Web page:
Representatives of the defense contractor and gun manufacturing industries converged on Washington D.C. this week to make their case for an urgent increase in war. While they have been understanding of the need for cutbacks given the recent worldwide recession, they believe the time is ripe for reinvestment in the lucrative warfare sector that is dominated by U.S. companies. Said one lobbyist for Lockheed Martin:
“Even NASA has had its budget raised this year so I think it’s about time we were rewarded with a 40% increase in war.”
They insist their goals are realistic, and certainly no-one is expecting anything on the scale of the Bush-Cheney concessions, where yearly increases in war of hundreds if not thousands of percent became the norm. Though President Obama has cut or eliminated many of their favorite government programs, they still see positives in his portfolio.
“It’s true he did a lot of cutting back, but in certain areas, such as drone operations, he pushed through a strong stimulus package, and for that we are grateful.”
Though Obama’s commitment to spurring growth in remote-control warfare has pleased the larger players, this does not apply to the smaller players who tend to produce the ‘boots on the ground’ weaponry, designed to kill human beings in much closer quarters. Many are jealous of their Russian counterparts, who have benefited hugely from President Putin’s steadfast policy of investment in conventional war.
“Here’s a leader who’s really trying to come up with inventive ways of stimulating war growth, including creating new war where there was no war before. Obviously we’d love for the next President, whoever that may be, to be equally adept at fostering new opportunities.”
All of the companies represented, from machine gun manufacturers up to heavyweights like Raytheon and Lockheed Martin, emphasized the importance of political will when it comes to managing armed conflict.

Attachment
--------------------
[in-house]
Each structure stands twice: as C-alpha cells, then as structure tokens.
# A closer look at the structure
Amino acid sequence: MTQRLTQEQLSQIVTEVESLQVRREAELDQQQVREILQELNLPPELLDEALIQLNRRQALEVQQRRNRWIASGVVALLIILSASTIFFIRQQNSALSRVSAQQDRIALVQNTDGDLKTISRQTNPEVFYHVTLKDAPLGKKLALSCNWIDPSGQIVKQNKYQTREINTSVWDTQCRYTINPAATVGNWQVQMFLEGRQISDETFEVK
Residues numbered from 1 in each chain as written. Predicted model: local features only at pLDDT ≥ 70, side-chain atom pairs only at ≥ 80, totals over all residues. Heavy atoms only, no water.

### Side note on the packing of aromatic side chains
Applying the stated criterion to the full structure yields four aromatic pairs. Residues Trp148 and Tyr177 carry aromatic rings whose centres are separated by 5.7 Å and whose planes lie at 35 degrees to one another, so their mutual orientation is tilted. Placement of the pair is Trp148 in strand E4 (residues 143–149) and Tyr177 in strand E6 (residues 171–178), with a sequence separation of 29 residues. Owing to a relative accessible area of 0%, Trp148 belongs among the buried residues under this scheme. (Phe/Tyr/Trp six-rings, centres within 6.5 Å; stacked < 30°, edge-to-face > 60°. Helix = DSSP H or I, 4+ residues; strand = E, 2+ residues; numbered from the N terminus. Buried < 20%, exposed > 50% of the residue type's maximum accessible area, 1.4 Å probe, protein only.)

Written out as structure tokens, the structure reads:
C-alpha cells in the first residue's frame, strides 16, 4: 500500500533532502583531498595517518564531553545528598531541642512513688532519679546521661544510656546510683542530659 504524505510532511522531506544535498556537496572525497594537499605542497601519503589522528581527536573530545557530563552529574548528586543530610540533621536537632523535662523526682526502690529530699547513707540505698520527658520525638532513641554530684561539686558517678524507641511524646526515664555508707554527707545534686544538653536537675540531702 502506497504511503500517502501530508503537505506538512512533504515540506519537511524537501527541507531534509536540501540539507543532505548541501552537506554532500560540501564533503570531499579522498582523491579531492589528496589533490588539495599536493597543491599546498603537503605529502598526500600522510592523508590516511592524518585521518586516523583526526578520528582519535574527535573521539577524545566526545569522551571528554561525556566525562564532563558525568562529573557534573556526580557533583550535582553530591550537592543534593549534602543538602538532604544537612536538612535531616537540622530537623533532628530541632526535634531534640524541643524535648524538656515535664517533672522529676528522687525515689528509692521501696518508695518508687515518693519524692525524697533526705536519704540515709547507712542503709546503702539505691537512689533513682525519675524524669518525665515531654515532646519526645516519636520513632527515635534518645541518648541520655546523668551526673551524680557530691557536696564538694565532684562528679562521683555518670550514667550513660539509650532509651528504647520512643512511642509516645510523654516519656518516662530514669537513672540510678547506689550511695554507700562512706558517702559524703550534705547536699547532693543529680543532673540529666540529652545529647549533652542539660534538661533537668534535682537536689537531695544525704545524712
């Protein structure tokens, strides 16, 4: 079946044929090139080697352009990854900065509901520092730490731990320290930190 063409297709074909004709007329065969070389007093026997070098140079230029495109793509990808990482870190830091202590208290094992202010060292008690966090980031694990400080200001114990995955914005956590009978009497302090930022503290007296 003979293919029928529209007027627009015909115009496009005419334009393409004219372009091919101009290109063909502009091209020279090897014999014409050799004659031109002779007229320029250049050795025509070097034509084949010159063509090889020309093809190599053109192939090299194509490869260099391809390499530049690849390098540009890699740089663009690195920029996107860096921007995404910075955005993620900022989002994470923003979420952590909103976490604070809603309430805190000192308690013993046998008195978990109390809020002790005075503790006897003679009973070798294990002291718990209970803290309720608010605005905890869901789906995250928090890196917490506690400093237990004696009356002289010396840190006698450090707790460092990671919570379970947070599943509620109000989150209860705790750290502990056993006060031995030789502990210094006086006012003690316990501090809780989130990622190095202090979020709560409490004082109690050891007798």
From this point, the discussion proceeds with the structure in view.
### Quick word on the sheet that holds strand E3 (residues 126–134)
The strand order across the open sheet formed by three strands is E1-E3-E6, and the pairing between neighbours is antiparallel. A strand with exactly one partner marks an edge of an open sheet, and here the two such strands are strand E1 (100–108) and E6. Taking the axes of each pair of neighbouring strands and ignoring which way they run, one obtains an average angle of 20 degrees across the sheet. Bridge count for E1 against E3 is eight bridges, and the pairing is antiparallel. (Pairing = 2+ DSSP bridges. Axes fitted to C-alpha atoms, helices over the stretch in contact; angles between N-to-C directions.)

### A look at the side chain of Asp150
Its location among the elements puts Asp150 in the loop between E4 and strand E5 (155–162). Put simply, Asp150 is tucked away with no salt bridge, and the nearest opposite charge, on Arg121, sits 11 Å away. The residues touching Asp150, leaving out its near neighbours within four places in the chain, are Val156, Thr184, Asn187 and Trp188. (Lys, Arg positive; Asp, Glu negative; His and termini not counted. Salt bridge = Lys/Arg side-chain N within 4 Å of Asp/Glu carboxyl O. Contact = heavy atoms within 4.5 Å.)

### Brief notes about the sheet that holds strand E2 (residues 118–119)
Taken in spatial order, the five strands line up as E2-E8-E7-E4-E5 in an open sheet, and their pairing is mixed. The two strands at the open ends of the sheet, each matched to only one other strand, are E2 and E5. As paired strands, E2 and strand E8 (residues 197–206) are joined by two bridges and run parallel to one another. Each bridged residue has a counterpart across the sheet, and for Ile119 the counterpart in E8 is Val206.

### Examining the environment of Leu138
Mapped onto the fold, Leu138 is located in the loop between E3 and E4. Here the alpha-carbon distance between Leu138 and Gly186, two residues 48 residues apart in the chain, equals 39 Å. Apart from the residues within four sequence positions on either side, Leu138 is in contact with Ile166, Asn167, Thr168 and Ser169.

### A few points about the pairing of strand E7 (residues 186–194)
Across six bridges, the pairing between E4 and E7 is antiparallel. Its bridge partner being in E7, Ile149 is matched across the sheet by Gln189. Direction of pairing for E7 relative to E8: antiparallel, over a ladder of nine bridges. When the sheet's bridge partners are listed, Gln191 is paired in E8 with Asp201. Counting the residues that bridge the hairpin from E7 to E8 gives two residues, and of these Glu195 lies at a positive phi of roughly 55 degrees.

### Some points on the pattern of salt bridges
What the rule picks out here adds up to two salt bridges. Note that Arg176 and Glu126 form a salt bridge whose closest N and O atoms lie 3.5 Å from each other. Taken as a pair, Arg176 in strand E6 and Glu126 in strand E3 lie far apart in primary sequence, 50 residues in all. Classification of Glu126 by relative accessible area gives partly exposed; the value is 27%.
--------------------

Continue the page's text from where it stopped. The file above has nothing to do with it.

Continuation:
“War doesn’t just happen by itself. Well, not good war anyway. Ideally we prefer wars where we get to arm both sides. But we’ll take what we can get.”
When asked what his favorite brand of war was, one manufacturer of heavy machine guns and shoulder launched armaments gave an answer that might surprise some:
He concedes that it’s not as lucrative or sexy as selling to the Middle East or propping up autocracies in South East Asia. But he points out that a well-managed African war can pay a modest but reliable dividend for decades. The key is maintaining slow and steady growth. There are also interesting challenges in asset management, such as the issue of child soldiers.
“Obviously there’s a temptation to use all available resources including the children and we certainly wouldn’t want to dissuade any warlords from taking advantage of that. But you also need to take a long term view. Simply put, if you let all the children become soldiers, then, yes – you will see an impressive return in the short term, but if there’s nobody left to breed future combatants, you could be missing out on a reliable payday in ten or twenty years time.”
Other defense industry experts say this analysis is far too conservative, as it doesn’t take account of war rape, which can go a long way to providing future combatants even if the entire male population is mobilized.
“It’s a win-win situation. As long as neither of the warring factions win. That would be bad.”.
Their view is backed up by the numbers which show an impressive yearly return, even after a conflict-ridden area is flooded with many more arms than there are adult soldiers to use them.
“The market adjusts, in this case by recruiting the children.”
Definitely bad for business – child soldiers being demobilized in South Sudan.